instagram pinterest linkedin facebook twitter goodreads facebook circle twitter circle linkedin circle instagram circle goodreads circle pinterest circle

iWild: For more see iWild.org

The Decline of Ponds and Primordial Soup

The Decline of Ponds and Primordial Soup In 1872, Charles Darwin, in a letter to his friend Joseph Hooker, theorized that life on earth began in a “warm little pond, with all sorts of ammonia and phosphoric salts, lights, heat, electricity, etc. present.” If so—and his theory still has supporters—life may have a  Read More 
Be the first to comment

Does This Shark Look Vulnerable?

Does This Shark Look Vulnerable? It may not look it, but the Sand Tiger Shark, also known as the Grey Nurse Shark or Ragged Tooth Shark, is listed as Vulnerable on the IUCN Red List. It’s a fate that sadly awaits many of its fellow sharks as well: One in four species is  Read More 
Be the first to comment

The Golden Fleece

The Golden Fleece Today’s Endangered All-Star: The Takin, a goat-antelope of the Himalayas. There are four subspecies, including the Golden Takin, rumored to bear the precious fleece sought by Jason and the Argonauts. But in the real world, all four subspecies are considered Vulnerable on the IUCN Red List, with a probable decline  Read More 
Be the first to comment

European Rabbit: The Rabbit Ecosystem

The Rabbit Ecosystem SAVE THEM ALL: As a bookend to yesterday’s Endangered All-Star, the Iberian Lynx, we focus today on its missing prey, the European Rabbit, whose drastic decline throughout Spain and Portugal has endangered not only the lynx but other predators as well. The rabbit—not a rodent as popularly believed, but  Read More 
Be the first to comment

Iberian Lynx: The World's Most Endangered Cat

THE WORLD’S MOST ENDANGERED CAT The Iberian Lynx, today’s Endangered All-Star, is the world’s most critically endangered cat, with an estimated 84-143 adults left in the wild, reduced from 4,000 in 1960. Should the species be lost, it will be the first feline extinction (aside from subspecies of tigers and lions) since the  Read More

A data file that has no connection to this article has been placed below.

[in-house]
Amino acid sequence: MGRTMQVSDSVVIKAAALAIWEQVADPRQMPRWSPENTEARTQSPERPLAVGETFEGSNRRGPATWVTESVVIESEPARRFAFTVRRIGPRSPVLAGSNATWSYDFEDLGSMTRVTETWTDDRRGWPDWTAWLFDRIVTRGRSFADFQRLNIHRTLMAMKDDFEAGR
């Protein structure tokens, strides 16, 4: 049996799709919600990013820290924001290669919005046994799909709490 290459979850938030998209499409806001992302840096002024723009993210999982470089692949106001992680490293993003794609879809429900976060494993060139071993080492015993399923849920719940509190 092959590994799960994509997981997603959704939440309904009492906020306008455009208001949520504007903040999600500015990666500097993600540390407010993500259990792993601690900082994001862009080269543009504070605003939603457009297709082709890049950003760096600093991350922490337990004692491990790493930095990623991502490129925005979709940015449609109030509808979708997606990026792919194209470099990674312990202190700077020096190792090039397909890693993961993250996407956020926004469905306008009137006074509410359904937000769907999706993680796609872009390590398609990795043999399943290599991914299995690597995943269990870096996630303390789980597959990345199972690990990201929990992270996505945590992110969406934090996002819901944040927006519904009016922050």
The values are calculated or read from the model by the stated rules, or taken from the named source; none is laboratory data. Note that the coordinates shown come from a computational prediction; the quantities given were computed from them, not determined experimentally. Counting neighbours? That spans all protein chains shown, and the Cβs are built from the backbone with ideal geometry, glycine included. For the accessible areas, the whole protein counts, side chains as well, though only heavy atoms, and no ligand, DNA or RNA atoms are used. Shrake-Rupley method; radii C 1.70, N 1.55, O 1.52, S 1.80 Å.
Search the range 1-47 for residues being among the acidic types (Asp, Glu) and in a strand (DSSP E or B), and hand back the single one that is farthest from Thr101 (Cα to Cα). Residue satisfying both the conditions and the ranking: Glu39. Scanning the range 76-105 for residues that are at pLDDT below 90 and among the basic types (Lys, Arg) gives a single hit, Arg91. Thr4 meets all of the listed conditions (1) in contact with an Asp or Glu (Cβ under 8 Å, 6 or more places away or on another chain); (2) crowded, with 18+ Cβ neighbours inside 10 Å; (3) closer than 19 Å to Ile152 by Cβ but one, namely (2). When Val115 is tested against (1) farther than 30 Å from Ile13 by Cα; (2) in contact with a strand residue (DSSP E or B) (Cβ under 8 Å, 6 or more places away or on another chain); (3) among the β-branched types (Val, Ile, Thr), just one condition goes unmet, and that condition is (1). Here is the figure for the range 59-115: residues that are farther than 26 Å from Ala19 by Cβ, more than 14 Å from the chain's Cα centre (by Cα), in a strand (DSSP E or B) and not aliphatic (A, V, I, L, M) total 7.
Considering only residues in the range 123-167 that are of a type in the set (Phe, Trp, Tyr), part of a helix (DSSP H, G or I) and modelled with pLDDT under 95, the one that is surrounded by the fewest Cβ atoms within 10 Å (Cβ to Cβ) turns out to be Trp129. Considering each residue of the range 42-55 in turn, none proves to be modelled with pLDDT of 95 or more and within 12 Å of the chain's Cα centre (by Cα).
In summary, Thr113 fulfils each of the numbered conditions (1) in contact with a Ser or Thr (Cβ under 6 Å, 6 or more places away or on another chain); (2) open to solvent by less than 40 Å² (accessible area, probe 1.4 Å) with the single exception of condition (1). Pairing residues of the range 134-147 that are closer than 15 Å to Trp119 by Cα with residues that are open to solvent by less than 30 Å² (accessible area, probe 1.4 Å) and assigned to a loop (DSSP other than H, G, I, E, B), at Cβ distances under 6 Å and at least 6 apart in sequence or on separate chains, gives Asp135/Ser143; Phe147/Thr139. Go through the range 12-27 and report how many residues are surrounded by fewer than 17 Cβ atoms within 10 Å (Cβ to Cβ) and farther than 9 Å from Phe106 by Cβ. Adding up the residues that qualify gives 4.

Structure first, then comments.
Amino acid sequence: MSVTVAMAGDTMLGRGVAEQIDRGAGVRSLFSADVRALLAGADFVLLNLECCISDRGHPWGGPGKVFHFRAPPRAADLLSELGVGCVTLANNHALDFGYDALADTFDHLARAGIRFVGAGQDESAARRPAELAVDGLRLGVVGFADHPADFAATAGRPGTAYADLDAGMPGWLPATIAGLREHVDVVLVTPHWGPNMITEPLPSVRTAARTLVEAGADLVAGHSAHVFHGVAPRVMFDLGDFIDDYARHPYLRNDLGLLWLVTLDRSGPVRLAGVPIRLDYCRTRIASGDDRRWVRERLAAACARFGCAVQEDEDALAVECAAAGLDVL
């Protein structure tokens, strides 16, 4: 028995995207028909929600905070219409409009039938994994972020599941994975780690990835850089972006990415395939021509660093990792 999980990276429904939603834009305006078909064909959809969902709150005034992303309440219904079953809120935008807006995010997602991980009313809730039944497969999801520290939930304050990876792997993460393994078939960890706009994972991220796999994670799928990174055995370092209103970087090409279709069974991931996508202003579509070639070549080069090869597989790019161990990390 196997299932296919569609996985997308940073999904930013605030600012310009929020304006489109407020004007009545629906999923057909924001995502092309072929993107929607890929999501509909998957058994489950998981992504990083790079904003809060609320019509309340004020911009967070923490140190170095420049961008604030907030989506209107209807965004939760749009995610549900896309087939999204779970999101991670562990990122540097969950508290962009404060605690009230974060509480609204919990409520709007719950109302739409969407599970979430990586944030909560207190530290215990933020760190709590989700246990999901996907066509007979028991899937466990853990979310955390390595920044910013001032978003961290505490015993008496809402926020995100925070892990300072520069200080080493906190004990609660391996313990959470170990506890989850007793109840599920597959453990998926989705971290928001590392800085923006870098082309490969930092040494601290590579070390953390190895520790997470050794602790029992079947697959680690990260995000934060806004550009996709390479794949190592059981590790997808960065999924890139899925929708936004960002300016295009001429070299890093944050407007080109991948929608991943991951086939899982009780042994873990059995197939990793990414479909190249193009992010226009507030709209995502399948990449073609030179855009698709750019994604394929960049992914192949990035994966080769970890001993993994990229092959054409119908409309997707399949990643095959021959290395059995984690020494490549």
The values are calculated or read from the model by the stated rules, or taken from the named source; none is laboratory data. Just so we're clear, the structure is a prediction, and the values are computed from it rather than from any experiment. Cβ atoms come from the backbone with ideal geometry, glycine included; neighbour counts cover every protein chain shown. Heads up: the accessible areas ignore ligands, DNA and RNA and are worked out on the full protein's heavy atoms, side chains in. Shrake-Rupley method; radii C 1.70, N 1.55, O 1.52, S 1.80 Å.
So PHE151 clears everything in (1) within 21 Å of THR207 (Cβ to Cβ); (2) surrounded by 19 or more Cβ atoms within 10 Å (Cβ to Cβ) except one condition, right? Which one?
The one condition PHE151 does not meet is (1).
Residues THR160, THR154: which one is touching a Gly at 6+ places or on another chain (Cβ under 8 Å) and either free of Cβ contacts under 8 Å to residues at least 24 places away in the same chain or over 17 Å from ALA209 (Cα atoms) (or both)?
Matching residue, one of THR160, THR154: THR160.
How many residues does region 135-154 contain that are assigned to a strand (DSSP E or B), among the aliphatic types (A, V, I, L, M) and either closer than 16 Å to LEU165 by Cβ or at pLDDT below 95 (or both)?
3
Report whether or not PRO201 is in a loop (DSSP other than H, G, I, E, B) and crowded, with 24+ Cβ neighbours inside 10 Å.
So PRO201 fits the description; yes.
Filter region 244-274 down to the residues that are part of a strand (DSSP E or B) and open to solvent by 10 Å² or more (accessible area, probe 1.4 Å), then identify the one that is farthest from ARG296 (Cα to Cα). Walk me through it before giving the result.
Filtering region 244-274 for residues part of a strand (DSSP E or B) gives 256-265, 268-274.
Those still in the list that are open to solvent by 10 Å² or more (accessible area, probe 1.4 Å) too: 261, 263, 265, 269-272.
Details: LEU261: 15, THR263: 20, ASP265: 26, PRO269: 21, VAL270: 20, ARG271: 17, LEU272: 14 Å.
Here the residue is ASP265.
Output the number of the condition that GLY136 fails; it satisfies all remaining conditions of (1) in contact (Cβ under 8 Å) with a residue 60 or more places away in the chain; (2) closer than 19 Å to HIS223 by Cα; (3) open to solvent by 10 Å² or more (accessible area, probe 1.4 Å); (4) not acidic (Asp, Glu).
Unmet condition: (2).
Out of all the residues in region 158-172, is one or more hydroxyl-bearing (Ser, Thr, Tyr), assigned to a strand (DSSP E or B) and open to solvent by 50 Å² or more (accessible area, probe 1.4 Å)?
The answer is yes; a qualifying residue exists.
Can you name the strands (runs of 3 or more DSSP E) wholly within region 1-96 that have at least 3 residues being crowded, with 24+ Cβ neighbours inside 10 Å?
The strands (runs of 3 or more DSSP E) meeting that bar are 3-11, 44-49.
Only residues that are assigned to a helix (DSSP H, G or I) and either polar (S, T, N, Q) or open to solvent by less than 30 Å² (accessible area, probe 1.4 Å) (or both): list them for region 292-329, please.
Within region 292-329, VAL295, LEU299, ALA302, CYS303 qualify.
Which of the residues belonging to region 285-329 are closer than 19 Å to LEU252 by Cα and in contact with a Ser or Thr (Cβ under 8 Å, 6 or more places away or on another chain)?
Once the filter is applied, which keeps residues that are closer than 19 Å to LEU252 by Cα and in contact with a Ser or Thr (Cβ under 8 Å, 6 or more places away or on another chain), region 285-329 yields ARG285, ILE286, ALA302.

Be the first to comment

Dhole

Dhole The Asian Wild Dog, also known as the Dhole or Red Dog, is today’s Endangered All-Star, its population reduced to perhaps 2,500. Like the African wild dog, the dhole is a spectacularly gifted hunter, capable of leaping high in the air to get a whiff of nearby prey. A famous late-addition to Kipling’ Read More 
Be the first to comment

Chiru

Chiru Today’s Endangered All-Star, the Chiru or Tibetan Antelope, once roamed the Tibetan Plateau by the thousands: Only 50 years ago, a million Chiru grazed across the steppe. But then came the shatoosh shawl, or ring shawl, made of a fabric so fine that an entire length of cloth could be drawn through a  Read More 
Be the first to comment

Azores Bullfinch

Azores Bullfinch Save Them All: The Azores Bullfinch is today’s Endangered All-Star, considered the most critically endangered passerine—or perching bird—in the world. With a population estimated at 775 in 2008, the Azores Bullfinch is endemic to São Miguel Island in the Azores, an island archipelago in the North Atlantic and occupies little  Read More 
Be the first to comment

Australian Ant

Australian Ant “The bloody bastard’s here!” That shout—uttered in October, 1977 by Australian entomologist Robert Taylor upon rediscovering the long-lost “Dinosaur ant,” Nothomyrmecia macrops, near the small town of Poochera on the Nullarbor Plain—marked the dramatic climax to a long-running myrmecological comedy of errors. An Australian who yearned to recover his country’ Read More 
Be the first to comment

Fin Whale

Fin Whale From the smallest to the largest! Inspired by beautiful photos of Fin Whales posted on The Mudflats, a favorite Alaskan website, we’re following Rodent Week with an examination of the Fin Whale, which experienced a global decline of over 70% over the past three generations, reduced to 2-3% of its former numbers.  Read More 
Be the first to comment